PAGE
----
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"We Tibetans are looking for a legitimate and meaningful autonomy, an arrangement that would enable Tibetans to live within the framework of the People’s Republic of China."

China says anti-Dalai Lama rant not politicising Games

June 27, 2008

June 26, 2008

BEIJING (Reuters) -- China on Thursday shrugged off a warning by the
International Olympic Committee not to mix politics with sport,
describing anti-Dalai Lama comments during the Tibet torch relay as
"striving to stabilise" the region.

Beijing blamed the exiled Tibetan spiritual leader and his followers
for deadly riots that broke out in Tibetan capital in Lhasa on March
14, and regularly accuses him of scheming to split the restive
Himalayan region from China.

The IOC on Wednesday said it had written to Beijing Olympic
organisers to ask them not to politicise the Games after Tibet's
Communist Party boss Zhang Qingli said China's "red flag with five
stars will forever flutter high above the (Tibetan sky)".

"We will certainly be able to totally smash the splittist schemes of
the Dalai Lama clique," Zhang added, during a ceremony marking the
end of the Olympic torch relay in Lhasa.

Lhasa's Communist Party boss, Qin Yizhi, also denounced the exiled
spiritual leader at the relay's opening ceremony.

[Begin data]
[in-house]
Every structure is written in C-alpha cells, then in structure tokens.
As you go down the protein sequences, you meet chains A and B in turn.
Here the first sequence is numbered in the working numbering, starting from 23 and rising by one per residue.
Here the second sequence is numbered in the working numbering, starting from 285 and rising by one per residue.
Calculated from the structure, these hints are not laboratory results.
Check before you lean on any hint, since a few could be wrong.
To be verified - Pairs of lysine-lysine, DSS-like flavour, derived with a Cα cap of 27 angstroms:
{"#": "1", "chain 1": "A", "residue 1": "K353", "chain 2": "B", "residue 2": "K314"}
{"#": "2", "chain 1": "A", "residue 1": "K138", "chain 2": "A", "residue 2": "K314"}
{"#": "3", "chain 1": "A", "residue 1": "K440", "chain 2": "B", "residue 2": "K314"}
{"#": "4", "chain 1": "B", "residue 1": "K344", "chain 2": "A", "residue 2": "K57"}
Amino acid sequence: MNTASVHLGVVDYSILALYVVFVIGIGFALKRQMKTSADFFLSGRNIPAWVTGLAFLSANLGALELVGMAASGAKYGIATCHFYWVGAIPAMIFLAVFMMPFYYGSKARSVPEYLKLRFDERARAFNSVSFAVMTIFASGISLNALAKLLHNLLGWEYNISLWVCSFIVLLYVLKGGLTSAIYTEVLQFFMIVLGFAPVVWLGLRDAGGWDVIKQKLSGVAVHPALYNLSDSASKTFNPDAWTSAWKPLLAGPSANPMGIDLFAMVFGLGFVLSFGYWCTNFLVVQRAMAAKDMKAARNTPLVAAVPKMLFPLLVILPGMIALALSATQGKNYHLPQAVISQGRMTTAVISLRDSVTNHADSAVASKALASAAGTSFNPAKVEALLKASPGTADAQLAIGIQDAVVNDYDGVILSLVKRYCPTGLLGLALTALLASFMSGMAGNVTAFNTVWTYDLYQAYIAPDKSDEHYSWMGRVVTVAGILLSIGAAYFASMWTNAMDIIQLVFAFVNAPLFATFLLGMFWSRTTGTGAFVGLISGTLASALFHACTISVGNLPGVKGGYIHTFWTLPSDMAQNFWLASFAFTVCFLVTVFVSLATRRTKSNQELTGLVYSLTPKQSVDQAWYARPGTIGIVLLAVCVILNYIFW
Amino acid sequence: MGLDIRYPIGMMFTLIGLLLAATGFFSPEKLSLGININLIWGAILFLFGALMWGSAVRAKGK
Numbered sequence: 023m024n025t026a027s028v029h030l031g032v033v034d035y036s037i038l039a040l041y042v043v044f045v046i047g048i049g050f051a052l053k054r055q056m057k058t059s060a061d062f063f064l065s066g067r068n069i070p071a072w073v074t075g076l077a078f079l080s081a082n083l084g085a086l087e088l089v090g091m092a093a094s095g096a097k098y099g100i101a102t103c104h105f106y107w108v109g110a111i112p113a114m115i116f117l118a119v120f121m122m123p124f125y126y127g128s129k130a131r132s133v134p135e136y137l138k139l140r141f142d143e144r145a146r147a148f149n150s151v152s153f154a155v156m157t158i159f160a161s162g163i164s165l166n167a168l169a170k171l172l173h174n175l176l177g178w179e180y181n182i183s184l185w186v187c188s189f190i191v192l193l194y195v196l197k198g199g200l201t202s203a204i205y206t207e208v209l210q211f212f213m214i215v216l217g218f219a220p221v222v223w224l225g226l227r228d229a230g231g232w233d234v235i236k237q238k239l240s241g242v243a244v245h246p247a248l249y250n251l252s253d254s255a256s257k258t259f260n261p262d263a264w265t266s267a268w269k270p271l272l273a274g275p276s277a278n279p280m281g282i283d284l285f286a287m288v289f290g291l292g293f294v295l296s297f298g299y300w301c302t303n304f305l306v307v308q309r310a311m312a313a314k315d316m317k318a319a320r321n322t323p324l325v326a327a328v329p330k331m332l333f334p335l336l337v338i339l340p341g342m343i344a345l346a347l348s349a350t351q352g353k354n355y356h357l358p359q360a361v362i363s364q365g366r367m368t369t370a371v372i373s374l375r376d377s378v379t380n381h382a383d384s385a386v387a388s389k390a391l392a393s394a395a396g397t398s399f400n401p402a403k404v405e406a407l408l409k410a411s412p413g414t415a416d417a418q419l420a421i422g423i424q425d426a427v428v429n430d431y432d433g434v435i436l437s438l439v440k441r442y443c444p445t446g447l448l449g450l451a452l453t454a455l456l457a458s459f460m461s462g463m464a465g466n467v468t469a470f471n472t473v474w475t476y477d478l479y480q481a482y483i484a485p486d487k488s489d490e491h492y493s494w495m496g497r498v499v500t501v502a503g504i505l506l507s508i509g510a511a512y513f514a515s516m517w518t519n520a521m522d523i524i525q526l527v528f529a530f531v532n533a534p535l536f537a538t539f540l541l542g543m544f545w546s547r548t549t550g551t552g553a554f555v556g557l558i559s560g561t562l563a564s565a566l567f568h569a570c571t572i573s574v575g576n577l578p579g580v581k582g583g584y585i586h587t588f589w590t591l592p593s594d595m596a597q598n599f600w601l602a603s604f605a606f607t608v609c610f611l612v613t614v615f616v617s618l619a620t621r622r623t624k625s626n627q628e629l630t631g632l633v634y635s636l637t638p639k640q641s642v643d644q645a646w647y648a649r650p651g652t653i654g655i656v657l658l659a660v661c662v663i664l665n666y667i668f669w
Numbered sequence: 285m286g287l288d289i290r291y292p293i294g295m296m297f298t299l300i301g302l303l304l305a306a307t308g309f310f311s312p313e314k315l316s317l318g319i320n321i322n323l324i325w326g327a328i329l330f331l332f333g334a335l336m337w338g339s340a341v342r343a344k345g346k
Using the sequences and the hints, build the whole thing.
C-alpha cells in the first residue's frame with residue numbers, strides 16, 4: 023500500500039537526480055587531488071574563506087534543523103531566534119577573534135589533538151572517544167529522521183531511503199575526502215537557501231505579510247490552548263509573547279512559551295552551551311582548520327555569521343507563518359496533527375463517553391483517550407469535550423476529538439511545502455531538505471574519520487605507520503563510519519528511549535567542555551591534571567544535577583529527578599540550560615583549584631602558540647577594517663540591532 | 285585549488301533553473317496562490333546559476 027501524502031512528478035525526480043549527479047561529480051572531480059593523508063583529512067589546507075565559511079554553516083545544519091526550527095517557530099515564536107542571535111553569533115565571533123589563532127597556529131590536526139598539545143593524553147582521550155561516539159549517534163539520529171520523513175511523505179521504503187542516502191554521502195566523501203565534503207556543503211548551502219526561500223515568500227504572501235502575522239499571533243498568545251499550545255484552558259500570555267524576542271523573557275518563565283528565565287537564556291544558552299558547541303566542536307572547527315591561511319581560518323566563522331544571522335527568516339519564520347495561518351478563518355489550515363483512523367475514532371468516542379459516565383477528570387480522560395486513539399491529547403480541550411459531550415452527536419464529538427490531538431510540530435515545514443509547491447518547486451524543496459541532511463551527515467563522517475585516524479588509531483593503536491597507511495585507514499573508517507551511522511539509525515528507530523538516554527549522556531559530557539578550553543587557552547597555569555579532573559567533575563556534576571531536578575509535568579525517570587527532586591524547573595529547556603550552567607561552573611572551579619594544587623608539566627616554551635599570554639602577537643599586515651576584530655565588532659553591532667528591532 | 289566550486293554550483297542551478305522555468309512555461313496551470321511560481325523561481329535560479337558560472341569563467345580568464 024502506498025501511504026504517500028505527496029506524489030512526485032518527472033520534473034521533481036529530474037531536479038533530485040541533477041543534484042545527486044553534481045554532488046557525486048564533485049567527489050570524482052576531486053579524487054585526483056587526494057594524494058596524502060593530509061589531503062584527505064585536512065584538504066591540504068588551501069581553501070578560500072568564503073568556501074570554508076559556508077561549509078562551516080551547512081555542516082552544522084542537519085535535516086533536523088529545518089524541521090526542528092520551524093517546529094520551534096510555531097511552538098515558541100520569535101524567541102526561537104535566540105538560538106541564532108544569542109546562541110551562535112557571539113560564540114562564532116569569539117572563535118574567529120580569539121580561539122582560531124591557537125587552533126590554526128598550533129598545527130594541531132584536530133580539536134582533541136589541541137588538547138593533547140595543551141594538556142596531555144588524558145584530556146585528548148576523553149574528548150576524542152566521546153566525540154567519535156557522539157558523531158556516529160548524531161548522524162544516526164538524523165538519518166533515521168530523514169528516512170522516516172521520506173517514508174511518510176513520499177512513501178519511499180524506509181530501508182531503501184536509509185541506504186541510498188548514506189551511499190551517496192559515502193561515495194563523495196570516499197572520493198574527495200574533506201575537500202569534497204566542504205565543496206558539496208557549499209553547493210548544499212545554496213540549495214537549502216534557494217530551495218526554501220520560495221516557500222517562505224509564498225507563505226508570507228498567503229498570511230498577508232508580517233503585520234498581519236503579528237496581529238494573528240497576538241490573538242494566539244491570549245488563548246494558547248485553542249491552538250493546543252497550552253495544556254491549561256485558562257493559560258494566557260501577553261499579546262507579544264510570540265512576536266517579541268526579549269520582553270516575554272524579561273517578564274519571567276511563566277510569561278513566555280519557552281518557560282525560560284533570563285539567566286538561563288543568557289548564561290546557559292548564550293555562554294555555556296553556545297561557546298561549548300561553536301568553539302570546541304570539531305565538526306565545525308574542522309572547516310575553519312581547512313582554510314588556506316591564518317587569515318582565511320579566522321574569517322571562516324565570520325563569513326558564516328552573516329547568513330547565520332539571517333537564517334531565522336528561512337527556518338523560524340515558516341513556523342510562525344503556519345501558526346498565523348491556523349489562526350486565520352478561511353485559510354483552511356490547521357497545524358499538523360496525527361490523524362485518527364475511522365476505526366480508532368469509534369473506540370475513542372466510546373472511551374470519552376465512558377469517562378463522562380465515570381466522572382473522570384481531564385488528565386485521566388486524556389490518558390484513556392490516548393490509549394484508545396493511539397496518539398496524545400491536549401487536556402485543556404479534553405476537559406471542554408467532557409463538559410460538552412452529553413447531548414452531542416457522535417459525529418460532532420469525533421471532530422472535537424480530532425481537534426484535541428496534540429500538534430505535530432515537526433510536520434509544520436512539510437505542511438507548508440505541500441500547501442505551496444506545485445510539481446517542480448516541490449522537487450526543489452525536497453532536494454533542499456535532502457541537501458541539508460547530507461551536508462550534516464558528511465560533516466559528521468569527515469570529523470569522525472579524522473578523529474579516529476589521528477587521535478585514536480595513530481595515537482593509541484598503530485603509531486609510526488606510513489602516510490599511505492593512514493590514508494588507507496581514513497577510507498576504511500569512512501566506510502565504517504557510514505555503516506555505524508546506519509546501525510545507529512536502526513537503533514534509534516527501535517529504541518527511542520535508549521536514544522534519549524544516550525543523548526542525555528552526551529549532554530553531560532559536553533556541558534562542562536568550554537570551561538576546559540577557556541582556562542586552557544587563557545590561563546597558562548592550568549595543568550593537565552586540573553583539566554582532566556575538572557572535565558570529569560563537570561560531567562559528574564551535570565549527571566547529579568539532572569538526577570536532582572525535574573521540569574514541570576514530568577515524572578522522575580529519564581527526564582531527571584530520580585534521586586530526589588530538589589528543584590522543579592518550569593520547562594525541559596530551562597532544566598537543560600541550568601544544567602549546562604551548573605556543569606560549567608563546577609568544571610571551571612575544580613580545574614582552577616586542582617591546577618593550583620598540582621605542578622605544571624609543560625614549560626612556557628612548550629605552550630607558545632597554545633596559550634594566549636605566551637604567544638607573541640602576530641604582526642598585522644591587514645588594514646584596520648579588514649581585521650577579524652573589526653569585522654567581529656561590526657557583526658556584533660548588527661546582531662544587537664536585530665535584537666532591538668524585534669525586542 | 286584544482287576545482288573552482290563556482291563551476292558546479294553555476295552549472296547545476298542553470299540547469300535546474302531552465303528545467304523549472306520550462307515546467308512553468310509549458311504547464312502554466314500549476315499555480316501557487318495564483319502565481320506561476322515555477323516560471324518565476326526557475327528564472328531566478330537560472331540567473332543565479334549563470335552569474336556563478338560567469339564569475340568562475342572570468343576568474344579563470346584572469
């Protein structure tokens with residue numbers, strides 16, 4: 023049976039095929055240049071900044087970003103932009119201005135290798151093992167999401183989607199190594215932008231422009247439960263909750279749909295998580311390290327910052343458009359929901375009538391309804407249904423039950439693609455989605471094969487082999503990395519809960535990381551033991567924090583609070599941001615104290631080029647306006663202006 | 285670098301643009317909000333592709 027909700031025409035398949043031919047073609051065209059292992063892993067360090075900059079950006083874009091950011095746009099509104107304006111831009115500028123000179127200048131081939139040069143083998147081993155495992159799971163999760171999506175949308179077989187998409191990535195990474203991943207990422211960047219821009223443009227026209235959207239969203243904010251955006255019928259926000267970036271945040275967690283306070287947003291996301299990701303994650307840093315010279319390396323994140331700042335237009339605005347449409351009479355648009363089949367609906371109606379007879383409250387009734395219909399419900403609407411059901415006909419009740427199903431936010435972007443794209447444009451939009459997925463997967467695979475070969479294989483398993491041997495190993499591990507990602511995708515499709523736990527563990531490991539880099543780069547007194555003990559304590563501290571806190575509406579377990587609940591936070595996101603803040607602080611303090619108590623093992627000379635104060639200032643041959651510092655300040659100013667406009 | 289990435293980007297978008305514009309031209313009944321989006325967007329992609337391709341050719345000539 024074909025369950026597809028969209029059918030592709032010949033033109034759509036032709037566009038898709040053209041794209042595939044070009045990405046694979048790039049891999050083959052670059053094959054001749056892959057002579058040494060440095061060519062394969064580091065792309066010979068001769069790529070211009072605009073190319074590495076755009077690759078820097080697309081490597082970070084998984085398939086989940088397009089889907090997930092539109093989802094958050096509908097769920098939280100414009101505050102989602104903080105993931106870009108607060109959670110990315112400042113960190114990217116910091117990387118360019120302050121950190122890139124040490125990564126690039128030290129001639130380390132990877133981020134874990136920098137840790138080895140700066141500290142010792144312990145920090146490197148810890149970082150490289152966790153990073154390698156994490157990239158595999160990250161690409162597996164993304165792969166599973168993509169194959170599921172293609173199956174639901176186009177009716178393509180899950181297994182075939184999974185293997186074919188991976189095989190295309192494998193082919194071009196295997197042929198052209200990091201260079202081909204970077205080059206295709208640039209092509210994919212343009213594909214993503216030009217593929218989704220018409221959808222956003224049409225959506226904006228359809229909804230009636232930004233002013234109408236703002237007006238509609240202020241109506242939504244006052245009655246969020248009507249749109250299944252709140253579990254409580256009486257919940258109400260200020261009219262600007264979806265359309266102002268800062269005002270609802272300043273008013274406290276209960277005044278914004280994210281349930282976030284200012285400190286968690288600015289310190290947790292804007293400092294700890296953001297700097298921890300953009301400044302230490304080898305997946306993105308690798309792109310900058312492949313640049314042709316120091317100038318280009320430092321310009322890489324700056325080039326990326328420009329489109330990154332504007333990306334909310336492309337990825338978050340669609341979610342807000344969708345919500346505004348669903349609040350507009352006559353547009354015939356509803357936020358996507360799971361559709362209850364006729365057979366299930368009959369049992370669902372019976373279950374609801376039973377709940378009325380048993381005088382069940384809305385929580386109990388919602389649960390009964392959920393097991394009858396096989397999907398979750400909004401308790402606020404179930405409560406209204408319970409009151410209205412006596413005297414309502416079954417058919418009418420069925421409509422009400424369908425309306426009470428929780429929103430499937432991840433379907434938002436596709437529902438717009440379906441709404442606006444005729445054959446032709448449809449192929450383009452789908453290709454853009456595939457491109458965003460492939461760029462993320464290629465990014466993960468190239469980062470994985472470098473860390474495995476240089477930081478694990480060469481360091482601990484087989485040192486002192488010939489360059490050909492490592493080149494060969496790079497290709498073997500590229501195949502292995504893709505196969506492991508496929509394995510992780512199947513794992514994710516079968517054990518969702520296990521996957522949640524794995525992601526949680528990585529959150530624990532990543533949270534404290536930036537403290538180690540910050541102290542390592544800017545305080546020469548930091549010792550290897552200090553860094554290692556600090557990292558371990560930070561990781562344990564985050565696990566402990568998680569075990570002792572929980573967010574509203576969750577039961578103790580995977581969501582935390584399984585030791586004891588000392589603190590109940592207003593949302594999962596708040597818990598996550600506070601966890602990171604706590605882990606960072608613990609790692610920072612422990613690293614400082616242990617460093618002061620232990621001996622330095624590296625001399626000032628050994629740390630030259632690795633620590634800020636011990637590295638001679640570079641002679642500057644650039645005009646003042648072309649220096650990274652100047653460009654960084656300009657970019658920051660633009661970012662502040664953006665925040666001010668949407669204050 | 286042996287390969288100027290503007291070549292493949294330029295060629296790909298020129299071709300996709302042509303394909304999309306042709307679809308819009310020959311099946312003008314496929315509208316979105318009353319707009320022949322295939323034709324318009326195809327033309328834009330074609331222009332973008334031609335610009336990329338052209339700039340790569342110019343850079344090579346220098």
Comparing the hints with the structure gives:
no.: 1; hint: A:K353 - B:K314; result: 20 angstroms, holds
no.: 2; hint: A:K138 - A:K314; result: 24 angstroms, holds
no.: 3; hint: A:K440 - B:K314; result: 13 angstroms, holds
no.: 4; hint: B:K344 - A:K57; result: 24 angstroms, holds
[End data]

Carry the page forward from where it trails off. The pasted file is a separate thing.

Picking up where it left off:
Chinese Foreign Ministry spokesman Liu Jianchao said he was not
familiar with the specifics of the IOC's letter, but said the
officials' comments did not contradict China's opposition to
politicising the Olympics.

"China's firm stance is to oppose politicising the Olympic Games, and
especially using them to interfere in China's domestic affairs," Liu
told a regular news conference.

"For some officials to express their attitudes on some issues is not
to politicise the Olympics, but it is striving to further stabilise
the Tibet region and create a harmonious and stable environment for
the Olympic Games," Liu said.

The Lhasa riots and China's subsequent crackdown became a focus of
anti-Chinese protests on relay legs in London, Paris and San
Francisco, prompting ugly scenes which alarmed the IOC and fuelled
nationalist fury among many Chinese.

China has often denounced critics for politicising the Games and the
Olympic charter allows for no demonstration or political propaganda
at "Olympic sites or other areas".

Tibet has cast a long shadow over the torch relay, which China hoped
would project the image of a stable, modern and harmonious country
ahead of the Games.

(Reporting by Ian Ransom; Editing by Nick Macfie)
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